As we drove towards the Main entrance, the sky became very black and while it started to rain, the wind got up and with tall trees either side of the road, we were conscious of the advice at Cathedral Grove. About 8Km short of our objective we had to stop, a tree had just blown down across the road, 2 cars in front of us turned around and were gone. We stayed with another couple of cars to clear the road of debris while a 4x4 from the other side pulled the tree off the road. While I was clearing the road, several more branches were blown down and another tree looked threatening so we turned tail too while the cars in front decided to brave it. We went back to the relative safety of the camp entrance and parked up while we thought about it. After about 10 minutes, the wind started to drop and the rain eased considerably. We decided that as we had come this far, we would carry on, so quivering like a couple of jellies, we gingerly drove back to find another tree had blown down just before the other but that a track had been made around it. The next 6 Km to the Helmcklen Falls were nerve wracking – a total of about 8 trees (I didn't count carefully) had been blown down across the road. Competent unfazed Canadians had just either moved them enough to get past or made a path around them. The falls were worth the effort; we have given a lot of superlatives on this trip, so I shall use a Morris favourite – they were fantastic! A fall of 141m into the gorge below thunderously reverberating in the amphitheatre the water had created and pillowing up a huge mist cloud.

We didn't foreshorten our stay but we were keen to get back to more security, so we didn't hang about for long and drove back along the trail across a perilously rickety single track bridge to the next set of falls at Dawson Falls. Here, the river tumbles across a 100m wide ledge of rock with a relatively modest fall but with great force and huge sound, again creating a mist over the falls. Again, we didn't spend too long and a newly downed tree along the path to the falls created a sense of some urgency, although the weather that had caused it had now abated.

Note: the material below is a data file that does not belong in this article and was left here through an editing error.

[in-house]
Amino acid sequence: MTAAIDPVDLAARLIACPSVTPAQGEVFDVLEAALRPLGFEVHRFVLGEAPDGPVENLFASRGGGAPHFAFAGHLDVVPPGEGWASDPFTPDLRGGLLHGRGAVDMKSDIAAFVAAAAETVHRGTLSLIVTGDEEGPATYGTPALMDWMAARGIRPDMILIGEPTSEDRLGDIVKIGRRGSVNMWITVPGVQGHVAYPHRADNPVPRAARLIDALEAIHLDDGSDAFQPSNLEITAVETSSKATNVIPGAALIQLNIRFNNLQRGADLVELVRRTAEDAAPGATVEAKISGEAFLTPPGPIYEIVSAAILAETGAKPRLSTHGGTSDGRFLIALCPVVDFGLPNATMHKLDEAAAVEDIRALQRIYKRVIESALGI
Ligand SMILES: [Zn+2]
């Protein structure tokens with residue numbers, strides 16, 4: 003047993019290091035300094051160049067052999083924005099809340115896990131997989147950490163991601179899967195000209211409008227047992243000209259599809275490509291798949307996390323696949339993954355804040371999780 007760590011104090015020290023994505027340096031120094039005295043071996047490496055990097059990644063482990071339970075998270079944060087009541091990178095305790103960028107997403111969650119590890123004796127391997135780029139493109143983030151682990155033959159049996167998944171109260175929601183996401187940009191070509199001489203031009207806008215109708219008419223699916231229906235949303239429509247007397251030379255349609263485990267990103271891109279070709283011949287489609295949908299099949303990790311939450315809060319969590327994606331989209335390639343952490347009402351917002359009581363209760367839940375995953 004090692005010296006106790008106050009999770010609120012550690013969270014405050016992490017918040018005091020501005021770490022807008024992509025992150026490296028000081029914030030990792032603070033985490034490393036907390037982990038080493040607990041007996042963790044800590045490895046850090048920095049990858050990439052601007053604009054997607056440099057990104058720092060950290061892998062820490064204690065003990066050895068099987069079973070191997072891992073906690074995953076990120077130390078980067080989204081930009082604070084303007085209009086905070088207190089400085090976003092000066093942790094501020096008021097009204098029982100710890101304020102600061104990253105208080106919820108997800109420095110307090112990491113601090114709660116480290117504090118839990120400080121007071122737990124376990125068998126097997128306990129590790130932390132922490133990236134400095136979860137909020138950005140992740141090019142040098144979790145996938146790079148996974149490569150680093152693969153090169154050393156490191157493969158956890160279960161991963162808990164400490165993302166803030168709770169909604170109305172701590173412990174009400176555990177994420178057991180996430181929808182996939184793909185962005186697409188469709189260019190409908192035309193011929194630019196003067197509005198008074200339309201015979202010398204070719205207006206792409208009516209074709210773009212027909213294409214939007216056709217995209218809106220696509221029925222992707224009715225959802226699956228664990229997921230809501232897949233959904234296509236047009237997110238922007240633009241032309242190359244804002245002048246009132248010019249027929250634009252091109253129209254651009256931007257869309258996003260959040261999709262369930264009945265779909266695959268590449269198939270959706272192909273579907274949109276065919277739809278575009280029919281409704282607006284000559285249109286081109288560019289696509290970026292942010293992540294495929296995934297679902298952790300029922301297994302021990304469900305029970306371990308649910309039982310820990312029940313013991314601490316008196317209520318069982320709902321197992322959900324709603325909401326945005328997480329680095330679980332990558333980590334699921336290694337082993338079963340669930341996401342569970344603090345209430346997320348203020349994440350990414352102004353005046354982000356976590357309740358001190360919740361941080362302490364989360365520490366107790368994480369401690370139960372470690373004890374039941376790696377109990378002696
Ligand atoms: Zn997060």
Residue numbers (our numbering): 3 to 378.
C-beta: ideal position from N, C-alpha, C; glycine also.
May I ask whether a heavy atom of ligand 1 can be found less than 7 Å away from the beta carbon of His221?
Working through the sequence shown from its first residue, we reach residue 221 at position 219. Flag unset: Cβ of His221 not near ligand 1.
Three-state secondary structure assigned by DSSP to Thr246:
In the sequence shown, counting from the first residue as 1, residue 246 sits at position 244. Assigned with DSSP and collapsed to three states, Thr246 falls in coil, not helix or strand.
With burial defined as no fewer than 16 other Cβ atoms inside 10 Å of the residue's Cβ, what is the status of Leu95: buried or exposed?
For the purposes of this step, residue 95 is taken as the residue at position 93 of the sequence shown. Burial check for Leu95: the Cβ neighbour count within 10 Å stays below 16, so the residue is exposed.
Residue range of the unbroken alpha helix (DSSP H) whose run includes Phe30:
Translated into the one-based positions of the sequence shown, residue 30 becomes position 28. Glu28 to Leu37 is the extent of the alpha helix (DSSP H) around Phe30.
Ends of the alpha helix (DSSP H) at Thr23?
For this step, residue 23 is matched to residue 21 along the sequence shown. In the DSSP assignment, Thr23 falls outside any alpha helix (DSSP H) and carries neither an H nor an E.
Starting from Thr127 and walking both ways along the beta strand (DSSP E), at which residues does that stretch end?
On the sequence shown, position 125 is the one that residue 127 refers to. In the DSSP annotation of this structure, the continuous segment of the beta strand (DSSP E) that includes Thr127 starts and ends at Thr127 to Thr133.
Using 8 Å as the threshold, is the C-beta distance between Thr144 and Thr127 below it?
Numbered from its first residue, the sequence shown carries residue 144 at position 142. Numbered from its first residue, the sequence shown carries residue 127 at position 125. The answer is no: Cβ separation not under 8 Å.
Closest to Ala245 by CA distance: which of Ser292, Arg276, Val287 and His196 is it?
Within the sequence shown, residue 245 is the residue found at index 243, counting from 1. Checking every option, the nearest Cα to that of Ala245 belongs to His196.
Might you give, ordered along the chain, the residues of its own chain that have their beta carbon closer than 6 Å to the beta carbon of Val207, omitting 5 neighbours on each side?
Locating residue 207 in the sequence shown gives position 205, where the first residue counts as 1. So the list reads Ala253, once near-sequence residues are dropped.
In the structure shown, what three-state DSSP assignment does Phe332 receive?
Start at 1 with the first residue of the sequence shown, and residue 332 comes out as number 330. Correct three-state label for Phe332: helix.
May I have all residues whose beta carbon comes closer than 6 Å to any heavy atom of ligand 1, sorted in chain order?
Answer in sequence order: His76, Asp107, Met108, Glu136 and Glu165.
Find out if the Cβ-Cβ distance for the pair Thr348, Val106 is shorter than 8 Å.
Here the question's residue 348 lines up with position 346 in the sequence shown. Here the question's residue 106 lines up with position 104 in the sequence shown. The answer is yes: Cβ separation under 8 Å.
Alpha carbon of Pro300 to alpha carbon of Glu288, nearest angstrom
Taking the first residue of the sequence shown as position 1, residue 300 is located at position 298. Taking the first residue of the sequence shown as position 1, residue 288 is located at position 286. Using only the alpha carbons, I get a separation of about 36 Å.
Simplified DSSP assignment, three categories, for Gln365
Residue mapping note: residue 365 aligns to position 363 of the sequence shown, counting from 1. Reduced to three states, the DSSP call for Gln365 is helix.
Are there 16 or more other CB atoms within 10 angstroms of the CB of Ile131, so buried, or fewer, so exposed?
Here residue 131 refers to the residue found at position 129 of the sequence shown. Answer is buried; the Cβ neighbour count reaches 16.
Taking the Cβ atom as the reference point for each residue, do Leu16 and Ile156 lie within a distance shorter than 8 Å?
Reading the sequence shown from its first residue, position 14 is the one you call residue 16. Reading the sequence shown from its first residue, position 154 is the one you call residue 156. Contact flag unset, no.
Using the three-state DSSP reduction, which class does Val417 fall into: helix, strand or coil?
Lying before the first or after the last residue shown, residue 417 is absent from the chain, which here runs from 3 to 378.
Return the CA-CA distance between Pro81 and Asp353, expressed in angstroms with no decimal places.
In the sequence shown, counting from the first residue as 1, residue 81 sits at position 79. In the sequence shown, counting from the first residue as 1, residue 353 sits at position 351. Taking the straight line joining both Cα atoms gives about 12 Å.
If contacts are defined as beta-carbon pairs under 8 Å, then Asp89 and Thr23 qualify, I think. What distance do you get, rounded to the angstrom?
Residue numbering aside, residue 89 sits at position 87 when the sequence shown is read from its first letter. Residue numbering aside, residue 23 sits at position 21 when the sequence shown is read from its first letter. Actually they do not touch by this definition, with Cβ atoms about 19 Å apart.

Back in the car, we drove out of the park towards the highway and 10km short of this, stopped to see the Spahats Falls. Another stunning, mind boggling view.

The river falls from about 2/3rd up a vertical cliff face 61m into the bottom of a narrow gorge. Photographs just can't do the scene justice and the mind can't absorb the scale. The mountains here are created by volcanic activity, each eruption providing a different strata. Glaciers carved out the start of the valley and the rivers have done the rest. Ain't nature wonderful?

We got to our B&B in good time but were disappointed that this is the first place without wifi, so will not be able to do our blog tonight, although I have managed to pinch an illicit bit of bandwidth. We found a super place for dinner – a Chinese restaurant that offered a buffet for all you can eat at C$13.49! And very good it was too.

permalink written by  rickandsuejohnson on August 12, 2010 from Clearwater, Canada
from the travel blog: Go west, then go west some more.
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Happy Birthday Pops - hope you have a great day today. Look forward to catching up properly at the weekend. We're enjoying the blog - I can't believe how much you are both craming into your stay; you'll need another holiday at the end of it at this rate ;-) Take care B x

permalink written by  Ben Johnson on August 13, 2010